BY MELANIE EPP • PHOTO: iSTOCK
SPRING HARVEST: PART 2
Weather patterns over the last decade have been reliably unreliable at best. And while insurance does provide some reprieve when fall crops remain in the field until spring, farmers are contemplating management decisions they hope will diminish the risk.
REACTING TO TOUGH CONDITIONS
Grain farmer and Alberta Wheat Commission (AWC) region 2 representative Devin Hartzler farms 4,000 acres near Carstairs. Although weather permitted him to plant much earlier than usual in 2019, a cool, wet summer meant his crop didn’t get the heat it needed. As a result, it never fully matured. His wheat was still green when he harvested in October. Some wheat remains in the field as bad weather shut his harvest down in October. His peas were harvested a whole month behind schedule. Snow fell in September, which seems to be the new norm, he said. Hartzler left 1,500 acres of canola, wheat and barley under the white stuff last fall.
“It would be nice to say that we could buy a dryer and everything would turn out differently, but in our area, we just had maturity issues,” said Hartzler. “That was our biggest problem, and unfortunately, that’s not something we can change. The biggest frustration in our area is that there’s not really anything we could have done differently,” he said.
Hartzler said he might look into earlier maturing varieties, and he is also considering adding a dryer to his operation. He’s not sure whether or not either response will make much difference. More importantly, he doesn’t want to make decisions in reaction to something that may not be the new norm after all.
“This is the first time it’s happened that we didn’t get our crop in,” he said. Hartzler is a pedigreed seed grower, which makes marketing somewhat less of an issue, although he usually would have sold more than he had by early January. The crop he did get off covered most of his forward contracts, but some didn’t make seed.
“From what I understand, people are worried about a shortage of seed,” he said. “And there will be. The two different varieties of barley that we grow, we didn’t get much of it off the field.”
The situation on Warren Sekulic’s farm was somewhat similar. Located in Rycroft right in the heart of Peace Country, the former AWC region 5 director farms 4,200 acres of wheat, peas, canola and oats. He also grows hay and forage crops for a small herd of cattle. This growing season was pretty near perfect, he said. The opposite to what occurred in other parts of the province, his area didn’t get the early-season drought, and he wasn’t hit with the deluges other farmers faced.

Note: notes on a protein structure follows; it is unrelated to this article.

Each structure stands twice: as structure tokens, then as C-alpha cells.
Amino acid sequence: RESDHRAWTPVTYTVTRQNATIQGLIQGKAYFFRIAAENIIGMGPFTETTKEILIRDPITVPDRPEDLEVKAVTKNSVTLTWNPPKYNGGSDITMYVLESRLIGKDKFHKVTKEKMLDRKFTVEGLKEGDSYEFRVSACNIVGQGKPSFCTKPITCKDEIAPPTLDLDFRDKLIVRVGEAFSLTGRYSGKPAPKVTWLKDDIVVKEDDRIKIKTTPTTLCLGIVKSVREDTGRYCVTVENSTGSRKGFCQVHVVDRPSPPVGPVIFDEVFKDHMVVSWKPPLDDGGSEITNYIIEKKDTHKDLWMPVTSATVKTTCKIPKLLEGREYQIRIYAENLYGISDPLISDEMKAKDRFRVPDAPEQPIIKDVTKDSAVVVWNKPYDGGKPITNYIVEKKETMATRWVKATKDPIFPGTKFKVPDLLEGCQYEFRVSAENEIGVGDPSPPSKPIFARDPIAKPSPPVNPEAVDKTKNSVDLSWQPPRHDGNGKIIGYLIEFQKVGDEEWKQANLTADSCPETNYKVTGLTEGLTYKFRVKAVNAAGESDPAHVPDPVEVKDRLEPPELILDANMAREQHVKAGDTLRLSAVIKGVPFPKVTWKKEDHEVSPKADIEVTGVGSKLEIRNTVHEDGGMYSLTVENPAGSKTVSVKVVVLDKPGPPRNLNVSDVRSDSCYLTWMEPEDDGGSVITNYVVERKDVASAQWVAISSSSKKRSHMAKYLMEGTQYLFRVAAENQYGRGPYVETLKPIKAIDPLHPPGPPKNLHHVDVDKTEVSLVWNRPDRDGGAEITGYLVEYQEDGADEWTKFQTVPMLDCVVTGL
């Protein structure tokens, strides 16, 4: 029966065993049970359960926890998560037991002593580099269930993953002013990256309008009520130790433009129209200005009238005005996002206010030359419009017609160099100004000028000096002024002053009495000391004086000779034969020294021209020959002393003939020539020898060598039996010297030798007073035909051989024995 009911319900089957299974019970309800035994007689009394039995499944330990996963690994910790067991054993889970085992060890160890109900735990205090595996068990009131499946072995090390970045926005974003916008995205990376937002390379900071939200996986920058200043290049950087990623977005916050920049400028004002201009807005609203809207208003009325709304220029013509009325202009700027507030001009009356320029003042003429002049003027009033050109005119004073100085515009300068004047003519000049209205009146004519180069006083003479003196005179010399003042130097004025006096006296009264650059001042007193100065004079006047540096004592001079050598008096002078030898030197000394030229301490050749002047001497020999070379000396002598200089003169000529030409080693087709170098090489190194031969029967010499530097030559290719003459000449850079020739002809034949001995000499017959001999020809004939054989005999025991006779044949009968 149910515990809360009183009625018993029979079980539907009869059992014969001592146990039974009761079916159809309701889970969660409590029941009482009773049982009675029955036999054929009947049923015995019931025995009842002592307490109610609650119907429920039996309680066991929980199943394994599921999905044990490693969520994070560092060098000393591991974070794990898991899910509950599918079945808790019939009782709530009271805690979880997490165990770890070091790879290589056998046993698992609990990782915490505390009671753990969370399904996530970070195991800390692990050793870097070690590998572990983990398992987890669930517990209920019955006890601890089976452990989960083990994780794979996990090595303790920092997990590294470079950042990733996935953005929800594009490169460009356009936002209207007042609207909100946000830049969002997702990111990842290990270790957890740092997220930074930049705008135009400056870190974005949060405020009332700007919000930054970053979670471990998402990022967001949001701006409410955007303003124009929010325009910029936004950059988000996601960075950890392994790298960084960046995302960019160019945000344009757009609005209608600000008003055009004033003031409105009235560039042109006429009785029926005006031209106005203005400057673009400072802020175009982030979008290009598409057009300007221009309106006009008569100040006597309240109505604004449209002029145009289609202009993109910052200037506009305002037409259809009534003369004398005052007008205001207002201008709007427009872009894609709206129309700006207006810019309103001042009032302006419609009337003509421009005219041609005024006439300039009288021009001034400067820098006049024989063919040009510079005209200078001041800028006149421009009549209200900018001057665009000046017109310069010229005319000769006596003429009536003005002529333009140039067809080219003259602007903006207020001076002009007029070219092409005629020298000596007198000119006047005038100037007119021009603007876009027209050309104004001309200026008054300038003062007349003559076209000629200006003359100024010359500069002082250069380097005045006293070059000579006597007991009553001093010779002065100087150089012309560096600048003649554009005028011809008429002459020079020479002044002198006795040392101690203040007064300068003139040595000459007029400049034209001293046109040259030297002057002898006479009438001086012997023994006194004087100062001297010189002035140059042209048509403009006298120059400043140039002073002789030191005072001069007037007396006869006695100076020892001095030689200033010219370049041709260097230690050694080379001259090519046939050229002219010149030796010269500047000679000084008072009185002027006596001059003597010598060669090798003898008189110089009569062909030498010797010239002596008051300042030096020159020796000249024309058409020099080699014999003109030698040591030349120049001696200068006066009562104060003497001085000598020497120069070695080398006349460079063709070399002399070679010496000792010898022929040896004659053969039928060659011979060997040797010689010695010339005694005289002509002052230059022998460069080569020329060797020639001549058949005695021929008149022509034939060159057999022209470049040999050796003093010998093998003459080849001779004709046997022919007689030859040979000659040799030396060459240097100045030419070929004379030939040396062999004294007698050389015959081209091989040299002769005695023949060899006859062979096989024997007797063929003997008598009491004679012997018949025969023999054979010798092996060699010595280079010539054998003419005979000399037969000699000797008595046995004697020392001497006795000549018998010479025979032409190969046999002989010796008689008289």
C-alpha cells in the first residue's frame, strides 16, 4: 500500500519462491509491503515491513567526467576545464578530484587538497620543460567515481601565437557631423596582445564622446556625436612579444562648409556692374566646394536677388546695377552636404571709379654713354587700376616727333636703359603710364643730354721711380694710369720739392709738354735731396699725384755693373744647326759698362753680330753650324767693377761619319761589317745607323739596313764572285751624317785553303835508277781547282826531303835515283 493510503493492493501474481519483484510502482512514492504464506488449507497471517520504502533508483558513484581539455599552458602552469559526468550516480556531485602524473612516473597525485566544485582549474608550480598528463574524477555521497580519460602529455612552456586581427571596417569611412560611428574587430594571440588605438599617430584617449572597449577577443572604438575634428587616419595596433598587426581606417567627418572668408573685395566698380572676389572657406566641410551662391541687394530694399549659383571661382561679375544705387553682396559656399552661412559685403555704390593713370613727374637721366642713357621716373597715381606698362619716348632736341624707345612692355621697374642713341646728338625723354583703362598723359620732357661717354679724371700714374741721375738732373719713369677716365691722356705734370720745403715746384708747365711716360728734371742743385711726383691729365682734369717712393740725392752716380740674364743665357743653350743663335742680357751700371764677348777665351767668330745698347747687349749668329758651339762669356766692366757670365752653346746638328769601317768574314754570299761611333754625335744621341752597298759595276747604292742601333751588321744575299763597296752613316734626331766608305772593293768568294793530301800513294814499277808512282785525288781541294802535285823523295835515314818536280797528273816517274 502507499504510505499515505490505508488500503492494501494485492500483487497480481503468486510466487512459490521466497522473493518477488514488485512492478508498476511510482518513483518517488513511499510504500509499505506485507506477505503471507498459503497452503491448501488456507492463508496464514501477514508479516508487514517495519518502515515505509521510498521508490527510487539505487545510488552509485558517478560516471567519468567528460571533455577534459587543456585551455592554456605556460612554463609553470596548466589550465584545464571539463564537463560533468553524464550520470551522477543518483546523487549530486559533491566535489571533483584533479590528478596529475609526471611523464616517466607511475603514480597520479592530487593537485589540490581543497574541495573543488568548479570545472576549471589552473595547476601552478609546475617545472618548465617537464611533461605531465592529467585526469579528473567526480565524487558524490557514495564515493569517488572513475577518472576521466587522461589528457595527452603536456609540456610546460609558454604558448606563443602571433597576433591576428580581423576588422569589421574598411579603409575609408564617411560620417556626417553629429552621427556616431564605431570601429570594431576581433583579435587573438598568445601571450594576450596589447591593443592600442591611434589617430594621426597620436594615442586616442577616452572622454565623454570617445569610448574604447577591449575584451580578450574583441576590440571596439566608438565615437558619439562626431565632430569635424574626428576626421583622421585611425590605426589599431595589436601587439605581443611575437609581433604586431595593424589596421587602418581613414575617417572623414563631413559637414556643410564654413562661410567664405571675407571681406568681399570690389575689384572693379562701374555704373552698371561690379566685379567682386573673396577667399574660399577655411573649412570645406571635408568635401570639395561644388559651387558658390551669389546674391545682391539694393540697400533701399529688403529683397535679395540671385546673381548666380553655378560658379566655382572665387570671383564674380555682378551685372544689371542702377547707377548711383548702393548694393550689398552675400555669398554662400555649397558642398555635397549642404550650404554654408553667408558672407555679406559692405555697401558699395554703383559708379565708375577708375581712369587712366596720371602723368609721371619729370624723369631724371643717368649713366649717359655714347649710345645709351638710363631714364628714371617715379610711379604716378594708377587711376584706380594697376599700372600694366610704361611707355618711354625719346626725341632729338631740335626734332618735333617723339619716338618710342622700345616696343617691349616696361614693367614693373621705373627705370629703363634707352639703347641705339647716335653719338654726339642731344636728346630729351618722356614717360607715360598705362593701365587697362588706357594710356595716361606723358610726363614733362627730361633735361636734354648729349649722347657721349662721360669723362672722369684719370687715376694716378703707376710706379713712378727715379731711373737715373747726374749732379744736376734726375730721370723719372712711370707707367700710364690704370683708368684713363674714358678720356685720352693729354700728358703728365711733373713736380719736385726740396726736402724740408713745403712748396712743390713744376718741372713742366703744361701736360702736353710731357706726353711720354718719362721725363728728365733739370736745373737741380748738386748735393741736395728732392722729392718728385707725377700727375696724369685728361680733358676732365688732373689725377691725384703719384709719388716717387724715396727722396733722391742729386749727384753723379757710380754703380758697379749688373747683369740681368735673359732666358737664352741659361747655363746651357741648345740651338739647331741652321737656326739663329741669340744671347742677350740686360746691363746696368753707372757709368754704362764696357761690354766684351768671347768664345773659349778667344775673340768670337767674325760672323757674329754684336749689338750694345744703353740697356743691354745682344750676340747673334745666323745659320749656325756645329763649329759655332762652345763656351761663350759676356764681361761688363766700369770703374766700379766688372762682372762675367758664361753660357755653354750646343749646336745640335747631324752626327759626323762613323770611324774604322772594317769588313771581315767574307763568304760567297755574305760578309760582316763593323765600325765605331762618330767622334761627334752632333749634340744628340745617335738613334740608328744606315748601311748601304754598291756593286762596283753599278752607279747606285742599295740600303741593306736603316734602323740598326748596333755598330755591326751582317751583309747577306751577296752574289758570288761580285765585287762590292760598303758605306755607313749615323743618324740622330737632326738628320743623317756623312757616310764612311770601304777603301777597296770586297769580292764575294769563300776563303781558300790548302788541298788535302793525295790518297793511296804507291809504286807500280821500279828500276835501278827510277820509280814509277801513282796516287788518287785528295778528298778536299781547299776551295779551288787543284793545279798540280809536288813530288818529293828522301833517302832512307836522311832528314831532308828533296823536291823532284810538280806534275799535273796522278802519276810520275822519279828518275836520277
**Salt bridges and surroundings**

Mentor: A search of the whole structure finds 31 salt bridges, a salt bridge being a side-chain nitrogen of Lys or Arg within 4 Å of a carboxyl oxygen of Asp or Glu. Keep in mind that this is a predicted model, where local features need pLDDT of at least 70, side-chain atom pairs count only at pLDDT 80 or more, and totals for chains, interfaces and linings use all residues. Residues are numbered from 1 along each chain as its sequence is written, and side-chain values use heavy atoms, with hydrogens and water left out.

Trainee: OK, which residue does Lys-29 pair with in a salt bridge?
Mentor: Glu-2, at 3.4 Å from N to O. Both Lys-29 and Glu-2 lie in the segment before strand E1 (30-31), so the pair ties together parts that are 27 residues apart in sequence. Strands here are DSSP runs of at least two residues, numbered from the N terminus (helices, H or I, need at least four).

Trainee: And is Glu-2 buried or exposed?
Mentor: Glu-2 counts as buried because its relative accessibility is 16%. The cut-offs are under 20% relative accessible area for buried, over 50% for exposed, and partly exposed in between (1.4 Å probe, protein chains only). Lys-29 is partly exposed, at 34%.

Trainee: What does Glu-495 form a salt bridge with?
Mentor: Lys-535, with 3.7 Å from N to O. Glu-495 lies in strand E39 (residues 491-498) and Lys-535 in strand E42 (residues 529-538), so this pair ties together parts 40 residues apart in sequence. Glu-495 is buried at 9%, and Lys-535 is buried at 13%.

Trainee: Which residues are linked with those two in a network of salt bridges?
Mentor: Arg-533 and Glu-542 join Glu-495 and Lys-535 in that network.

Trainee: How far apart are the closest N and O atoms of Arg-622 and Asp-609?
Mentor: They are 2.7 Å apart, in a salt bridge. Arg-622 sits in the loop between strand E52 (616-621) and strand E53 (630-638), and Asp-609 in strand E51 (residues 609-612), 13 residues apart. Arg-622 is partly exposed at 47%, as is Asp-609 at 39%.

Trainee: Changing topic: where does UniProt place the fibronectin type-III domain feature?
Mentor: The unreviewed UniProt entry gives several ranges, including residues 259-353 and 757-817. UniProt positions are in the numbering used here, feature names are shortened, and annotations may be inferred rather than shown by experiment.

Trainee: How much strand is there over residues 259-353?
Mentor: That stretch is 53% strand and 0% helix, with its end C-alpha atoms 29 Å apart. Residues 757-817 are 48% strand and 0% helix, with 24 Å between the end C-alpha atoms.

“For the most part, the growing season was fantastic,” he said. “Come July, the rain started coming a little more frequently and we just weren’t getting any heat. We had some heavy smoke days, too, from forest fires up north. Nothing wanted to ripen. We had probably a once-in-a-lifetime yield potential, and it all ended up with us leaving 70 per cent of our acres out.”
Of his 4,200 acres, Sekulic said 70 per cent is still standing, all of it wheat and canola. It wasn’t early snowfall that kept him off the fields, but rain. In fact, in his area, there wasn’t a stretch of three days without cold, wet weather throughout the entire month of October. “It’s like we were stealing crop from Mother Nature here and there,” he said. “We would go hard when we could, but it was just stop and start.”
As a result, cashflow is a big issue for Sekulic. A fair amount of his canola crop was pre-sold, and he was able to roll some of the contracts forward to 2020. In the meantime, he’s selling what he can to generate that cashflow and waiting on insurance. He expects the wheat crop is unsalvageable, but the canola should be harvestable in the spring.
DOWNSIZING AND AGRONOMIC ADJUSTMENTS